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One hundred and eighteeeee!! Amazing. I’ve just managed to break my New Year's resolutions in one fell swoop. The bottle of wine is empty, so is the box of doughnuts, and I’m still on the couch.
It's nonsense trying to make lifestyle changes in January. The days are short and cold, the paperwork pile is still here from last year, and the waiting room is stuffed with miserable people who like me have once again failed to maintain their resolutions and are heaving with problems they've only themselves to blame for.
OK, let's shine a light on this otherwise gloomy picture. Revalidation is coming closer, as is the next round of Government-engineered money-saving changes to the way we work. The primary care trust is stripped down to bare bones so for once has a good reason for not returning my calls. To put it bluntly, before too long I’m going to get shafted either because if I look after my patients properly I won't have time to jump through all the hoops, or if I try to get through these hoops I’ll cock-up something with my patients. Expressions like ‘rock and a hard place’ spring to mind.
For years we've spouted ‘prevention is better than cure’. Lose weight to avoid diabetes, use a condom to avoid STIs, and erase your text messages if you don't want to get slapped. Now it is time to follow our own sage advice. And I’m not talking about ‘no more doughnuts’.
When I think of what causes me the most stress, surprisingly it's not patients. It's mindless initiatives, and directives created by people who have never actually experienced the NHS' frontline. These are the people who spent months and thousands of pounds creating an obesity strategy whose message is ‘eat less’! I can't wait to see the strategy message for reducing unwanted pregnancies and STIs – ‘f**k less’?! Just as I master the Choose and Book system, I now find I have to use the Patient Referral Service instead, and that ultrasound scans go to a different provider, unless of course it's Thursday in which case they go to the usual place. Just as I master ticking off multiple blood test requests with two keystrokes, I’m told we are now using a new template. Just as I think things couldn't get more ridiculous, I’m told that I have to attend mandatory training in ‘lifting on the ward’. I don't work on a ward and haven't done for over 10 years! It's bad enough that I have to spend my precious personal time answering stupid online multiple choice questions about data protection – forgive me, but I don't give a monkey's about which year the Data Protection Act was enacted. The people doing this should be the idiots who leave laptops on trains and buses.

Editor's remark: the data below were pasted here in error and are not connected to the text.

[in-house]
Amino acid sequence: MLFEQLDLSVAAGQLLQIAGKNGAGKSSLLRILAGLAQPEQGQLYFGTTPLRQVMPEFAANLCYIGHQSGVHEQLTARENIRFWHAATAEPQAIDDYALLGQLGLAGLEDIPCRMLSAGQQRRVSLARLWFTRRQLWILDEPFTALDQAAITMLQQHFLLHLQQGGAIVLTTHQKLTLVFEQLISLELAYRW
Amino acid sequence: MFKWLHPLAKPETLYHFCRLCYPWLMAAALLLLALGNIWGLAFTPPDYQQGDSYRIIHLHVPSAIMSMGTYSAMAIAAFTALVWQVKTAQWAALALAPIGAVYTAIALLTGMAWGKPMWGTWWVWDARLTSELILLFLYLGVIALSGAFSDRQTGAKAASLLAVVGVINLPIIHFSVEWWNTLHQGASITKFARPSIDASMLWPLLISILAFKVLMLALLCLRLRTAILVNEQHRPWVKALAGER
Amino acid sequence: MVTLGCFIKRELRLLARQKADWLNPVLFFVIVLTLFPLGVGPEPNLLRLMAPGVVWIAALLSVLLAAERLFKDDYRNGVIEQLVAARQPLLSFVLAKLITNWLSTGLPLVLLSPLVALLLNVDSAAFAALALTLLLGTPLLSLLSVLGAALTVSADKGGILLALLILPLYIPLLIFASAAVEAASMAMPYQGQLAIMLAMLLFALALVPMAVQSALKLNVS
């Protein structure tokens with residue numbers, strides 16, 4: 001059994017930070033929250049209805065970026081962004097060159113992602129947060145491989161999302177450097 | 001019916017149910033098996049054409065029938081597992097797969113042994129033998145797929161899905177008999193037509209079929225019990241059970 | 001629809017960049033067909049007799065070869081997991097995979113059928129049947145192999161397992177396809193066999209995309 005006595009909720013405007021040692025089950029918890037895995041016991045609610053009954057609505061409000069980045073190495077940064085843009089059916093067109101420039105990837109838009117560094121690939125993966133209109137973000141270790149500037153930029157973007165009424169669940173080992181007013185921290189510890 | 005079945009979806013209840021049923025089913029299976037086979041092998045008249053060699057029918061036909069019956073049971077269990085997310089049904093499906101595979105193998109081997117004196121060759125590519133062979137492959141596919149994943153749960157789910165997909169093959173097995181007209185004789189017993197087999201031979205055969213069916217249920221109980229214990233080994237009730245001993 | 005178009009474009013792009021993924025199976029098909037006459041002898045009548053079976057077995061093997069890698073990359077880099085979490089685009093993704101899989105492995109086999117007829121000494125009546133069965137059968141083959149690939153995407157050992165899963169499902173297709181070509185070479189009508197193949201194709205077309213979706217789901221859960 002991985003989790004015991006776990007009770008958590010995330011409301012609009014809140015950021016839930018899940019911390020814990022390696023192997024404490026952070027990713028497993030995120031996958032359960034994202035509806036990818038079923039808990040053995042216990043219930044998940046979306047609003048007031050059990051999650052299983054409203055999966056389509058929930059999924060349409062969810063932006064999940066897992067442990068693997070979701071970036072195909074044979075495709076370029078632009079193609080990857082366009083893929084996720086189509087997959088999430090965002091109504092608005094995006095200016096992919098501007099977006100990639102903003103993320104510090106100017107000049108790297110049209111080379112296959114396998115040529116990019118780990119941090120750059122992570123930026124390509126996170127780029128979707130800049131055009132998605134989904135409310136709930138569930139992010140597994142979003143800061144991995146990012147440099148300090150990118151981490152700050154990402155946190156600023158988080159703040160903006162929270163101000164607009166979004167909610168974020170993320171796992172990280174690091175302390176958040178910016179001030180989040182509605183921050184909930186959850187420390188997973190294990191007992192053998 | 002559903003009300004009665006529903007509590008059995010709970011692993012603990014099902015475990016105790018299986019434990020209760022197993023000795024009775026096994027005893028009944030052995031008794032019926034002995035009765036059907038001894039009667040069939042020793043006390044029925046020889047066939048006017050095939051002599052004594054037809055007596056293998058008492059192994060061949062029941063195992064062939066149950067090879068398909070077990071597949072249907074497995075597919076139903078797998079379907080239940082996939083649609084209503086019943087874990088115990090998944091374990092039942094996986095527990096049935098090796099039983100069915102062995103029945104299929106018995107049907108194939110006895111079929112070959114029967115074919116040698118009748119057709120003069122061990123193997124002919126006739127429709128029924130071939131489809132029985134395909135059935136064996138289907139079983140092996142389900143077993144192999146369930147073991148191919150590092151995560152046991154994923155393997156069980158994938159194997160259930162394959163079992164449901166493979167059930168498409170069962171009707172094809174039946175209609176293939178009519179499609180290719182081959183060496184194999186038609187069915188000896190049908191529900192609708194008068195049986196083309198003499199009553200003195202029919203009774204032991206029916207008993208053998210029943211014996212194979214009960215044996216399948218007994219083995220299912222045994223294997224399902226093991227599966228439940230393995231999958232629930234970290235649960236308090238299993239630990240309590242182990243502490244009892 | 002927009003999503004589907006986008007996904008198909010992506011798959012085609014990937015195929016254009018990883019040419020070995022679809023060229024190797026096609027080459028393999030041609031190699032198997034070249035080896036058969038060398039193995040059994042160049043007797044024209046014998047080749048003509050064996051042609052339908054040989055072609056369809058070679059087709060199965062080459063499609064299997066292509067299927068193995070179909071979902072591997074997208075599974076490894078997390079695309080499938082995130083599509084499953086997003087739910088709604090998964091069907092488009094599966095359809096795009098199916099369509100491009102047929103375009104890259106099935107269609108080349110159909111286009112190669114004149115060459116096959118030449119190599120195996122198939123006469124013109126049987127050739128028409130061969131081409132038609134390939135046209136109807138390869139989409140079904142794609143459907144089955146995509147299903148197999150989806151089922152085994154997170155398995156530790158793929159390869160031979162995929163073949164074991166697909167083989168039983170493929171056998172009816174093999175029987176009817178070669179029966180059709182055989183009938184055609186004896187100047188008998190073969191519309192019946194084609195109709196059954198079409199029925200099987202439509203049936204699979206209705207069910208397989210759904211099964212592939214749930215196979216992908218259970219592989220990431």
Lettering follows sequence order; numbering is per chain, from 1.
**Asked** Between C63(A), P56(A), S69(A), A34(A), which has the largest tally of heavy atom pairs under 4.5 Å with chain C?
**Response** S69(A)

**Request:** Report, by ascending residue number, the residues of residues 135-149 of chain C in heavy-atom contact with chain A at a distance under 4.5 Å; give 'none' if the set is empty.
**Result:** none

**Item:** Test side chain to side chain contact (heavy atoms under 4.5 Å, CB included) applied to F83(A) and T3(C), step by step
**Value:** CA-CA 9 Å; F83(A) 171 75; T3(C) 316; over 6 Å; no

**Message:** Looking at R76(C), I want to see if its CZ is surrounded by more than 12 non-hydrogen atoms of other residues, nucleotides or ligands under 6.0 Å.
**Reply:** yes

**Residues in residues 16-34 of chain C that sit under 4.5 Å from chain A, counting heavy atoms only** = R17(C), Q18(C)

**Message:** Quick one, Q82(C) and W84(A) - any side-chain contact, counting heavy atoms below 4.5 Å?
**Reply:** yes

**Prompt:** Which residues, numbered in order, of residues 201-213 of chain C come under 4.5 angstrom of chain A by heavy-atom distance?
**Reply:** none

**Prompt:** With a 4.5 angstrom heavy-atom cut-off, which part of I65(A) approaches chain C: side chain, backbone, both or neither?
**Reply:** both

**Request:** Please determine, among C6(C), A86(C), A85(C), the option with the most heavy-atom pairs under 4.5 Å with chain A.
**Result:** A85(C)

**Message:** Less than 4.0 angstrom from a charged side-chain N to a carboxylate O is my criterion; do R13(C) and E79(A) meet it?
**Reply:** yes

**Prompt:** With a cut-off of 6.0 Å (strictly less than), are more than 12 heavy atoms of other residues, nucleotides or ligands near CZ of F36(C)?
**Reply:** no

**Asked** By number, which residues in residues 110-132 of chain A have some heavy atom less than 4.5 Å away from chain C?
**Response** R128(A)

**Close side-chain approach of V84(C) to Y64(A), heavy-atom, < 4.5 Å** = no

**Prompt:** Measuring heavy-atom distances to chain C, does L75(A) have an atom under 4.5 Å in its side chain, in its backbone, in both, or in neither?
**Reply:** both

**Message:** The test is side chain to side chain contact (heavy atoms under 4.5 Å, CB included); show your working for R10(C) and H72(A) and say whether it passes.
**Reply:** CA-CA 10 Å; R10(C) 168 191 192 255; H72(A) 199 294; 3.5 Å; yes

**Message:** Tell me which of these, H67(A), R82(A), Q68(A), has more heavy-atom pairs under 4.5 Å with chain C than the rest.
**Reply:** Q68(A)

Stress management Step 1 – identify causes of stress. Step 2 – avoid these. Step 3 – if you can't avoid the causes of stress find ways of relaxing so you're in a better frame of mind to address the stress-causing situation. OK, Step 1 – done. Step 2 – more challenging, but I must achieve it otherwise I’ll be shoved into Step 3 – wine, doughnuts, couch – which works but was something I was trying to give up. So the key is achieving Step 2, which will become my ‘new’ New Year's resolution. It's something I should have done years ago, but like most life changes, and successful resolutions, there needs to be a point where the benefits do actually outweigh the considerable risks. I’m at the line and am going to step over it. The final push coming from yet another day spending more time battling with the NHS IT system than with patients, and spending less and less time with my family. So after many, many years of committed service, and considerable mental debate, the time has come. I’m leaving the NHS. I’ve done my time and I’m coming home, stopping off at the haberdasher's on the way to get a length of yellow ribbon, and the supermarket to get something to celebrate with.
Competing interests None.
Provence and peer review Commissioned, internally peer reviewed.
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